At the end of the ongoing global melodrama’s first quarter, it seems reasonable to predict that this will be a two-act play with the final curtain coming down in July. It will end as a tragedy, not because the outcome was preordained in a world impervious to human choices, but because men have free will. They exercise that gift from God to find, for every major problem, one solution which is “neat, simple, and wrong,” as the Sage of Baltimore, H.L. Mencken, said.
A value-neutral comparison of the response to COVID-19 by Sweden and Norway is telling. They are two neighboring nations similar in culture, climate, standards of health care, per capita income, etc. This comparison establishes beyond reasonable doubt that the security state regime in Oslo, Norway, does not produce statistical outcomes which are significantly different from the laissez-faire approach of Stockholm, Sweden, which is based on personal responsibility and willful obedience.
It is also interesting to note that both countries have proclaimed the success of their radically different approaches. In both countries, the people followed their government’s lead with no noteworthy dissent. There have been no anti-lockdown protests in Trondheim, Norway, and no mass demands for curfew in Malmö, Sweden. Norway is suffering monetary losses mostly due to the collapse of global oil prices, and Sweden’s export-oriented economy is likewise affected by worldwide trends rather than domestic developments.
Sweden has just over 10 million people and Norway about half of that; a skeptic may claim that this empirically undeniable similarity of outcomes in containing the virus is a fluke.
However, there is similar comparison we can make in the Asia-Pacific region, where there are three major nations—China, Japan, and South Korea—which have faced the identical challenge in different ways. It would be arbitrary to attach numeric values to each country’s level of authoritarian control vs. self-exercised restraint (that is the kind of scholastic futility best left to the U.S. scholars of international relations) but their aggregate result is remarkably similar. Stringent China, self-disciplined South Korea, and relatively debonair Japan do not have statistically significant differences in outcomes.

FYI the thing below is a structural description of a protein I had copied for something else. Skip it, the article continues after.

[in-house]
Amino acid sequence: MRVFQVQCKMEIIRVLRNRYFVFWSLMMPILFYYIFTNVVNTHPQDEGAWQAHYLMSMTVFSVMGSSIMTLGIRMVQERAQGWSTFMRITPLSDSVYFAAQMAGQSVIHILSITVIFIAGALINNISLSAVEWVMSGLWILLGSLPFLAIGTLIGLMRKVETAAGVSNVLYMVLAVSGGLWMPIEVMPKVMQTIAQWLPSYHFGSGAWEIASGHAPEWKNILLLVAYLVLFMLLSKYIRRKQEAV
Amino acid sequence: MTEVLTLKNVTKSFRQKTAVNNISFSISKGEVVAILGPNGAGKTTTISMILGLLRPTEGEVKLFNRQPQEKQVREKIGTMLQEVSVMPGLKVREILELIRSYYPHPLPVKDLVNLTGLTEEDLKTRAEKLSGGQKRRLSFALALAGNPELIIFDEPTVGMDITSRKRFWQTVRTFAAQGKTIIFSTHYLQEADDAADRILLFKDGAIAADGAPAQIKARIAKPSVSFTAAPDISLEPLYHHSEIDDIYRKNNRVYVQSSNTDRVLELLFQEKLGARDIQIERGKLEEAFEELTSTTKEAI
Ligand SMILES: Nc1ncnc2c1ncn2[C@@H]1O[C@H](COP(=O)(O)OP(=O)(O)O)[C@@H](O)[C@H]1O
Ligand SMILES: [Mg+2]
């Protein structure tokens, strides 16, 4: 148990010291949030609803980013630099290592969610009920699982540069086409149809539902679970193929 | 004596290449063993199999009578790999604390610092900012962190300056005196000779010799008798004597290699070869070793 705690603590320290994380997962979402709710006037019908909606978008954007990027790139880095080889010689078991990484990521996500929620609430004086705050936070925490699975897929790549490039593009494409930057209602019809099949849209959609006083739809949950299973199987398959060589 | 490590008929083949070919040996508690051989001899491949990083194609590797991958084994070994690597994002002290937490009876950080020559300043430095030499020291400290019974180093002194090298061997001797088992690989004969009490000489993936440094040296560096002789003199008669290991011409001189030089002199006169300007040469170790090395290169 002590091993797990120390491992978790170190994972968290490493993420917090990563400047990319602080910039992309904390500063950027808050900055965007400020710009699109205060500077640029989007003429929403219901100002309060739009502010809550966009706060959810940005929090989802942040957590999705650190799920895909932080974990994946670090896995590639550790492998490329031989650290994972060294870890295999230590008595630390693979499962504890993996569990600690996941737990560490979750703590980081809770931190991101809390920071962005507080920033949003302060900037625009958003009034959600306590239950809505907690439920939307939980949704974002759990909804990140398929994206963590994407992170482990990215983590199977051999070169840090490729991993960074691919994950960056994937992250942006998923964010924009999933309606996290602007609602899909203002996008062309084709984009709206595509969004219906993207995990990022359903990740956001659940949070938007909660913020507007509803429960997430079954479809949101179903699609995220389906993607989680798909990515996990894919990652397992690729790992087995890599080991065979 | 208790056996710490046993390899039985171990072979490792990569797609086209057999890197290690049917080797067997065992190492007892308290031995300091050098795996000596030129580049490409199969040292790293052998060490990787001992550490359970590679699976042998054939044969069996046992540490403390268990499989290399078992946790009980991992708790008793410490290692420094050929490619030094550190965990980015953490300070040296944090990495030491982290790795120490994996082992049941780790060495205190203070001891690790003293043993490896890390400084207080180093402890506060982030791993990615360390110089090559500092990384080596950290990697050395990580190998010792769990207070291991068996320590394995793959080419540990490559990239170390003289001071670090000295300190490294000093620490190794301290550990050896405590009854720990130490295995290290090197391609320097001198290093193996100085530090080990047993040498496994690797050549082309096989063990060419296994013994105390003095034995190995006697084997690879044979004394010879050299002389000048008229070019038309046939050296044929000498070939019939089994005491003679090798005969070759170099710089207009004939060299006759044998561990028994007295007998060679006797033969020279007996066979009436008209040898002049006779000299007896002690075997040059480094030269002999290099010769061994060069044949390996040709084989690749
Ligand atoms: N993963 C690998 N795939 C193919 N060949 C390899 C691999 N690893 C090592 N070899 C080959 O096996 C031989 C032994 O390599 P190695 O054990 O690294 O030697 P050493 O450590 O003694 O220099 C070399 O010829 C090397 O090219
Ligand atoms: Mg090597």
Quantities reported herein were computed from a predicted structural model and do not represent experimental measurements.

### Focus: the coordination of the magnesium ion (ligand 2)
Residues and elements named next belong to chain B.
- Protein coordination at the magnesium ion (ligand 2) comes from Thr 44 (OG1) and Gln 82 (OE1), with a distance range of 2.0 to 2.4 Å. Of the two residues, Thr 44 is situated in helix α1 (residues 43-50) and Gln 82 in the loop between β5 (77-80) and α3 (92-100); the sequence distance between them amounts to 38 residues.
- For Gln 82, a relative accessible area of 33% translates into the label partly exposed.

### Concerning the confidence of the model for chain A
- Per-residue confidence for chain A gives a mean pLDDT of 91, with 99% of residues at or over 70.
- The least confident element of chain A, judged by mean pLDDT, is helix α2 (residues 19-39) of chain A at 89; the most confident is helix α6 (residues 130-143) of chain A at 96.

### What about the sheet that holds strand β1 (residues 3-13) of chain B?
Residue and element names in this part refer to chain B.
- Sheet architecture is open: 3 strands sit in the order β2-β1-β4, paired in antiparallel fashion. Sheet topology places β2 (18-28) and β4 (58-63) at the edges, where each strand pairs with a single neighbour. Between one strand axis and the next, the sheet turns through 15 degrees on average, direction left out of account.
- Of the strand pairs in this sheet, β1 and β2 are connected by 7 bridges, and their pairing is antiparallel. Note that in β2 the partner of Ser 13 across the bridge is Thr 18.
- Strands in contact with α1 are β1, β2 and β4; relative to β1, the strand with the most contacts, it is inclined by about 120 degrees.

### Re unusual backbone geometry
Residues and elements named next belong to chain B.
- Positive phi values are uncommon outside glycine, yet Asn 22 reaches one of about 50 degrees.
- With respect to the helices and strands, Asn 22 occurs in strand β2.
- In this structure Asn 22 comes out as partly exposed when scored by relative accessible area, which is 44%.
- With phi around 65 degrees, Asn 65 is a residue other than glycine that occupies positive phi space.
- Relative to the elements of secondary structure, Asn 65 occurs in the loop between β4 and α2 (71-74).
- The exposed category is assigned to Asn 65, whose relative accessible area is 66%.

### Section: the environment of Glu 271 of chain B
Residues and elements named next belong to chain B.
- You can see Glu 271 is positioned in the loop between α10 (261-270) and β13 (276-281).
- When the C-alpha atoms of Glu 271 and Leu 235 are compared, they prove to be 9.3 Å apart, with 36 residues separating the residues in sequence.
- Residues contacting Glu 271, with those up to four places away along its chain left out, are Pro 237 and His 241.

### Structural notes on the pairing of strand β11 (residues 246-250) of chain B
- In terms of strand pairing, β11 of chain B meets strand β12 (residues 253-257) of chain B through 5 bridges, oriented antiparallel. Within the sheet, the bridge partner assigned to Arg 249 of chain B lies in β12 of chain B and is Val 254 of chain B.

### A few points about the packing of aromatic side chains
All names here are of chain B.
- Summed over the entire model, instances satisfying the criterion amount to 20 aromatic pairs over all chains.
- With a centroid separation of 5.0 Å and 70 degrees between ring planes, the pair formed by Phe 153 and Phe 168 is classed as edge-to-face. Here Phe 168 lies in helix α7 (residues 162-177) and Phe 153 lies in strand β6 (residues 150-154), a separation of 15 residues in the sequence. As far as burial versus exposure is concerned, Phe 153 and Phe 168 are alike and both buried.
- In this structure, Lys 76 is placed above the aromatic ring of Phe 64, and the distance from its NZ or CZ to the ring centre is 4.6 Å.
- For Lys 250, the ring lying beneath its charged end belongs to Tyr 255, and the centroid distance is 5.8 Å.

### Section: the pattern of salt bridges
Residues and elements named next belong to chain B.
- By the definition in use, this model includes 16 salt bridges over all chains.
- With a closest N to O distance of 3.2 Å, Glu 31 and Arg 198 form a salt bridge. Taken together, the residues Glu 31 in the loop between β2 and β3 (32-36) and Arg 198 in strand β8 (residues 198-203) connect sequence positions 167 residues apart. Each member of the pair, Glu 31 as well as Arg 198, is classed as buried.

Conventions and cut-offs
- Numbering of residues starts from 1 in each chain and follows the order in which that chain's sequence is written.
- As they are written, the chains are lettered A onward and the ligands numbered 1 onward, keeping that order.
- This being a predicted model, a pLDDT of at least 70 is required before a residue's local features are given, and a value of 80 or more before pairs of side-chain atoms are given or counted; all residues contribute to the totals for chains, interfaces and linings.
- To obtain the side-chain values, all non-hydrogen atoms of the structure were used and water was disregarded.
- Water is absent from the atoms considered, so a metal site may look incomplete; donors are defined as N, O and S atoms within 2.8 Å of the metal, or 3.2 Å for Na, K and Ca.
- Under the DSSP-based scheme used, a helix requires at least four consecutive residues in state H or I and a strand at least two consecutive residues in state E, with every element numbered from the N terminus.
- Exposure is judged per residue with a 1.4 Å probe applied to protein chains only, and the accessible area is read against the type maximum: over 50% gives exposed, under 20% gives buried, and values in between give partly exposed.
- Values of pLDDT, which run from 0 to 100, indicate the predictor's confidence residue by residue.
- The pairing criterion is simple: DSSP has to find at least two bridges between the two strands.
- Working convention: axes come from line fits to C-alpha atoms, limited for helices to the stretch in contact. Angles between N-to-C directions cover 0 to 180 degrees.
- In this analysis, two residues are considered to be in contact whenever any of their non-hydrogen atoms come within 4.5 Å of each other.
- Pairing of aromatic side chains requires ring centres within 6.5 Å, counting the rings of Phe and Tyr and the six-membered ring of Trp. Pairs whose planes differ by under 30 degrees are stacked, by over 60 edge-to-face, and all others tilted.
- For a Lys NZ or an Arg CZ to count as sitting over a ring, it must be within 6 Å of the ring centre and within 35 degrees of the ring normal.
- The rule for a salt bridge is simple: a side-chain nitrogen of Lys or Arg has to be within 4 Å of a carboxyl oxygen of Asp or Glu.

Finally, an isolated two-island country of under five million in the nether regions of the southern hemisphere, New Zealand, is a unique case. It is a rare haven of mutual trust and solidarity that has virtually eliminated the virus. As National Geographic writes:
From an outsider’s perspective, the interesting thing about New Zealand is that the country simply got on board. On day one of the lockdown, the streets and highways were empty, the shops were closed, and everyone stayed home. “I think it’s easier for us Kiwis to fall in line because we trust our leaders,” Sue Webster, the owner of the Airbnb where my wife and I holed up for almost four weeks, told me.
It is indeed an “interesting thing” that in countries where there is a sense of cultural solidarity between people and their leaders, they seem to be able to handle the challenge of the virus cooperatively.
By contrast, it is embarrassing to dwell on the scene at a recent Hasidic funeral in Brooklyn, where 2,500 mourners showed up, defying quarantine orders, or on the COVID-inspired block parties in minority neighborhoods of all major metropolitan areas in the United States.
Arguably the most blatant schism between the cult of multicultural sensitivity and reality right now is in France, where the youths of les banlieues—the low-income suburban housing districts—are flouting social distancing protocols. Ah, les jeunes…of that ethno-religious affiliation of which one dares not speak!
The northern suburbs of Paris have been hit “by an exceptional excess” of coronavirus deaths, the country’s health minister said. Surely it is the doing of the evil, white, heterosexual male, who remarkably has managed to keep so many of his victims in servitude for so long, in France and everywhere else. Something must be done!
Dr. Srdja Trifkovic, foreign affairs editor of Chronicles, is the author of The Sword of the Prophet and Defeating Jihad.